The BCM Fund supports programs across the breadth of Baylor College of Medicine's mission, including community outreach programs on genetic disorders, addiction research in the Human Neuroimaging Lab, and patient care initiatives at Baylor Clinic, among other priority projects. Some programs that have benefited from the BCM Fund are highlighted below.
When you support the BCM Fund, you make possible the programs that define the College as a leader in education, research and healthcare – each year, every year.
Dr. Art Beaudet's Autism Research
In recent years, the number of children diagnosed with autism has increased dramatically, although much of this difference may be explained by changes in diagnostic criteria. Dr. Art Beaudet's lab, supported by the BCM Fund, is making rapid progress in identifying genetic causes of autism.
"We are identifying genetic abnormalities and have a growing understanding the most severe cases often associated with mental retardation, but we would like to understand the milder forms of autism," Beaudet said. "That's where the children have a normal IQ, but their social behaviors cause functional disabilities."
Beaudet proposes that the past difficulty in identifying autism genes might be because almost all studies assumed that autism was caused by ancient mutations in genes that arose hundreds of years ago. His new research looks at the possibility of recent mutations occurring new in the patient or in the last few generations in the family. He also suggests that some autism might be caused by epimutations rather than mutations. Epimutations are changes in the function of a gene that do not involve a change in the DNA sequence.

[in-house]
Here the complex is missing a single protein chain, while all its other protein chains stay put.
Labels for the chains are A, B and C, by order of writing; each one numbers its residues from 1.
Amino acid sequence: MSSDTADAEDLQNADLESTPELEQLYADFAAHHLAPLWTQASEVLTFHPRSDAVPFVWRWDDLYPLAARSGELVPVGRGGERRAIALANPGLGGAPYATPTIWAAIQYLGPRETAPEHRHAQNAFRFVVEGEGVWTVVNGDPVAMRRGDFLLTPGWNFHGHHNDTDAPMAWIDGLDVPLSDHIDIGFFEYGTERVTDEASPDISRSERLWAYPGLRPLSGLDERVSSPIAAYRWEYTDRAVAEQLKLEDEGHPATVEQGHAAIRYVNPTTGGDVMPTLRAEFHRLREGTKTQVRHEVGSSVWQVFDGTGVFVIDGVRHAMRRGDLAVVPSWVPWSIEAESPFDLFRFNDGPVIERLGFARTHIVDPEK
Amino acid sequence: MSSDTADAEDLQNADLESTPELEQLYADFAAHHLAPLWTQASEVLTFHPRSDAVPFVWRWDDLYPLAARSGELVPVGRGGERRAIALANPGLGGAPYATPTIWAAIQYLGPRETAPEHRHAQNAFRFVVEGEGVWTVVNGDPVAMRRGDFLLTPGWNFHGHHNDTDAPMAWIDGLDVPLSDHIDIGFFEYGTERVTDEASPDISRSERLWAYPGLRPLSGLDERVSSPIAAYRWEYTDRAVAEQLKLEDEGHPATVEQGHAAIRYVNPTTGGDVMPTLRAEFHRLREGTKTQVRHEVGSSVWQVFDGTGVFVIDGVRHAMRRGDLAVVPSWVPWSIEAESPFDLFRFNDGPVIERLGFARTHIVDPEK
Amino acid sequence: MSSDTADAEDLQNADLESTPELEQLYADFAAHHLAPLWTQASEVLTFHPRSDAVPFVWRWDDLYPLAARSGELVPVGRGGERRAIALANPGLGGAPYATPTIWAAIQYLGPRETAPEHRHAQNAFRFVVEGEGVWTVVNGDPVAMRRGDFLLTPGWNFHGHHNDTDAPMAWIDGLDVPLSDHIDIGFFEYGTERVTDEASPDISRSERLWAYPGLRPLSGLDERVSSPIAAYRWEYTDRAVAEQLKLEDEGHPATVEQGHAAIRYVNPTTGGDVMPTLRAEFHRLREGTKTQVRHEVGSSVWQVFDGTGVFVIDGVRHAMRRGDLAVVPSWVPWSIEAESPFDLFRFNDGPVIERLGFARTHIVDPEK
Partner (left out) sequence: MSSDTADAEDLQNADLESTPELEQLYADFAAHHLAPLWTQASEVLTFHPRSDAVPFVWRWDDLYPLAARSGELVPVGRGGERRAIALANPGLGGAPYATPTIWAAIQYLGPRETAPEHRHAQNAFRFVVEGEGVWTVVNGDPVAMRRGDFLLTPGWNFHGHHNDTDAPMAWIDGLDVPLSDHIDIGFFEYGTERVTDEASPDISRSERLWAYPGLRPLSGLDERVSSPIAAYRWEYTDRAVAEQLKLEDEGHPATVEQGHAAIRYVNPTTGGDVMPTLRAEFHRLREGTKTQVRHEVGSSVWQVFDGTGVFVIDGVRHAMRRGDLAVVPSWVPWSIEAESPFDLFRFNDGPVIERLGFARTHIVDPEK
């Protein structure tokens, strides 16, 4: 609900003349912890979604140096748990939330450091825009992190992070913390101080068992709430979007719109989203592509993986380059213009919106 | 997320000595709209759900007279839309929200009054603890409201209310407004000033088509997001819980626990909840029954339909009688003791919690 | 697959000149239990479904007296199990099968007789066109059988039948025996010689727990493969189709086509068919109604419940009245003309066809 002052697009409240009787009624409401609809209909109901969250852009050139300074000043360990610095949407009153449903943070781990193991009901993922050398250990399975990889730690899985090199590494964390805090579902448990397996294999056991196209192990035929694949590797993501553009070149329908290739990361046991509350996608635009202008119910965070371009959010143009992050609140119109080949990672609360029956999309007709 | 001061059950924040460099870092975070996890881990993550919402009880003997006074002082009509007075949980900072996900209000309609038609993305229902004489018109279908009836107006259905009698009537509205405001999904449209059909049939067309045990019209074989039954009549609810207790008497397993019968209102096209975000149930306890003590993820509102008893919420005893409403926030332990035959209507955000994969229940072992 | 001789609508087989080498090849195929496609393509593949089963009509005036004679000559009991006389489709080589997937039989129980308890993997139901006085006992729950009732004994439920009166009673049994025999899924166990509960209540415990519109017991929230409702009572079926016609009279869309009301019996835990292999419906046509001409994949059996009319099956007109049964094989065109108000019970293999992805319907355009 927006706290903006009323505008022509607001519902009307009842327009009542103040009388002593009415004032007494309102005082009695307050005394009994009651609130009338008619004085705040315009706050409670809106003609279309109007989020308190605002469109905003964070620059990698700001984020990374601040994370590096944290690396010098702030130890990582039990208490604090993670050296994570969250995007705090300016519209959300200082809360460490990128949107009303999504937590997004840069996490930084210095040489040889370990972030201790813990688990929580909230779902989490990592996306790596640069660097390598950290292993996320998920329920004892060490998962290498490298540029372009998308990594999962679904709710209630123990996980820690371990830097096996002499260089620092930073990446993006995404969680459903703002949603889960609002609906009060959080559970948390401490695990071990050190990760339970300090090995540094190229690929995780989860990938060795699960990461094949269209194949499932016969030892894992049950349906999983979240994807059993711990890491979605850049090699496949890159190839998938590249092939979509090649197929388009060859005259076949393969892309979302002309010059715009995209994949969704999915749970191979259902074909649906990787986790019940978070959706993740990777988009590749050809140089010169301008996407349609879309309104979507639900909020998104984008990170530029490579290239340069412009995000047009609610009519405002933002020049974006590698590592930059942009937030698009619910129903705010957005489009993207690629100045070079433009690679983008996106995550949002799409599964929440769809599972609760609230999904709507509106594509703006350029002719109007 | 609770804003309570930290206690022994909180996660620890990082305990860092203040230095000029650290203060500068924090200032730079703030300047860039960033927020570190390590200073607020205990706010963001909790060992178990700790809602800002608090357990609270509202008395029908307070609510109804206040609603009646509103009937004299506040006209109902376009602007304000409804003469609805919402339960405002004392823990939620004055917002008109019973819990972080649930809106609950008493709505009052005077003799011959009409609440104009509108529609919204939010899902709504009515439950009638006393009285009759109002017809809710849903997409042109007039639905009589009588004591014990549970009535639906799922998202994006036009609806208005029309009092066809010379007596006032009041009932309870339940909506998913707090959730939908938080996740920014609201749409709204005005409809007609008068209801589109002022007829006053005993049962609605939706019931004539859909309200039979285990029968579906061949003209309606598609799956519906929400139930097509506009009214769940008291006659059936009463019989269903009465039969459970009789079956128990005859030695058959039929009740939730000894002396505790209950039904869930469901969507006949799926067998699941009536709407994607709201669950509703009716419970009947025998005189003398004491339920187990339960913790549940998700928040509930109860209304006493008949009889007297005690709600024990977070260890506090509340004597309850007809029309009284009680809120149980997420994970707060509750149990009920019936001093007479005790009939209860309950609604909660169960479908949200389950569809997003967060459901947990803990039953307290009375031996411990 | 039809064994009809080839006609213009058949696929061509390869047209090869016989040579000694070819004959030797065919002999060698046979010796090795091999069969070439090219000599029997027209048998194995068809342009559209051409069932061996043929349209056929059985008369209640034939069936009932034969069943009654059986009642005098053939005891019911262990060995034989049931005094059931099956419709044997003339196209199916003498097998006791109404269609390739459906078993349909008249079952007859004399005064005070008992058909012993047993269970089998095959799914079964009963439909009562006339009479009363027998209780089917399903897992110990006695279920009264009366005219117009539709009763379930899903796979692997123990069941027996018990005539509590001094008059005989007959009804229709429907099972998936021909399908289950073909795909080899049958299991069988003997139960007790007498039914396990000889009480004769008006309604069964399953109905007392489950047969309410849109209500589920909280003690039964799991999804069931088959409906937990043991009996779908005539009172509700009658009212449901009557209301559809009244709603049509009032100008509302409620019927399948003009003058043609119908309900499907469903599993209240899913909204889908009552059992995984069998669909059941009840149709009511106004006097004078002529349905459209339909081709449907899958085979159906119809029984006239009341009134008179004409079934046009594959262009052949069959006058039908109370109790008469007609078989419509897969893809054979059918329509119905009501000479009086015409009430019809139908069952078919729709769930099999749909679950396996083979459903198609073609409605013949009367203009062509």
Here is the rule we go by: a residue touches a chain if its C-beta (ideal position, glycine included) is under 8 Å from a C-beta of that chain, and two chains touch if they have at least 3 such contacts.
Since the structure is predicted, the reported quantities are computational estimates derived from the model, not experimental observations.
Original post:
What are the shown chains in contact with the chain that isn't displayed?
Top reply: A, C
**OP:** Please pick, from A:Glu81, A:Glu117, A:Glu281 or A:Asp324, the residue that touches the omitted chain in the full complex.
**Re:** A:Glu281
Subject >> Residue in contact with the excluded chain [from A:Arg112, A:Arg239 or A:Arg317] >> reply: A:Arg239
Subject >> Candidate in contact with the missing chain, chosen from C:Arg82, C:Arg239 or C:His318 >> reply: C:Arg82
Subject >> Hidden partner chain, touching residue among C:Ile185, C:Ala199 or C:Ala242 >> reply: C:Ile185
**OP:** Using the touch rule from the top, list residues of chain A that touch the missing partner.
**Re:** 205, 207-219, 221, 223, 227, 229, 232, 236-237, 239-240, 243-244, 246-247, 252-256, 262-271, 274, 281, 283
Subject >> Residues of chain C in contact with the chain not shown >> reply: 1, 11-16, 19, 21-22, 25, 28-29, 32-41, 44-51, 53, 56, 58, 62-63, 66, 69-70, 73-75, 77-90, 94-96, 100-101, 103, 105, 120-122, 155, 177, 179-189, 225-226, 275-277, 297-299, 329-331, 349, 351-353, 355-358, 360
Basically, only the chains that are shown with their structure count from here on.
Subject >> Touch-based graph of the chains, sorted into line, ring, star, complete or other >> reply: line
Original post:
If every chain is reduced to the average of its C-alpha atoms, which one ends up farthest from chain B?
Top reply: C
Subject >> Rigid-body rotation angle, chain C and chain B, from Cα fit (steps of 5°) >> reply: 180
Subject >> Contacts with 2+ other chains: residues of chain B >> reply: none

The goals of the Beaudet lab are to identify these more recent mutations, identify epimutations causing autism, and conduct a trial of drug therapy in children with specific genetic forms of autism.
"We're looking for ways we can understand autism more fully and intervene if possible," said Beaudet, himself a donor to the BCM Fund. He added that the BCM Fund support came at an important time in his lab's research.
As a post-doctoral researcher with Rockefeller University in New York, Hoang Nguyen, Ph.D., specialized in the study of skin stem cells, the cells that allow the epidermis to constantly regenerate. Scientists consider the study of these cells to be one of the most important areas of stem cell research.
Nguyen's early work in this field has shown great promise. So when she applied for faculty positions at institutions across the country, Nguyen ended up with multiple offers. She eventually settled on Baylor.
According to Peggy Goodell, Ph.D., director of the STaR Center, the College was able to successfully recruit Nguyen because of the support her program received from the BCM Fund.
The costs of recruiting a top young researcher, said Goodell, typically include not just salary, but start-up packages that allow scientists to equip their labs and launch their research.
"The STaR center conducts work in a growing field," Goodell said. "Other centers across the country are hiring young scientists. Without the support of the BCM Fund, we would not have been able to compete with the other institutions that were recruiting Hoang."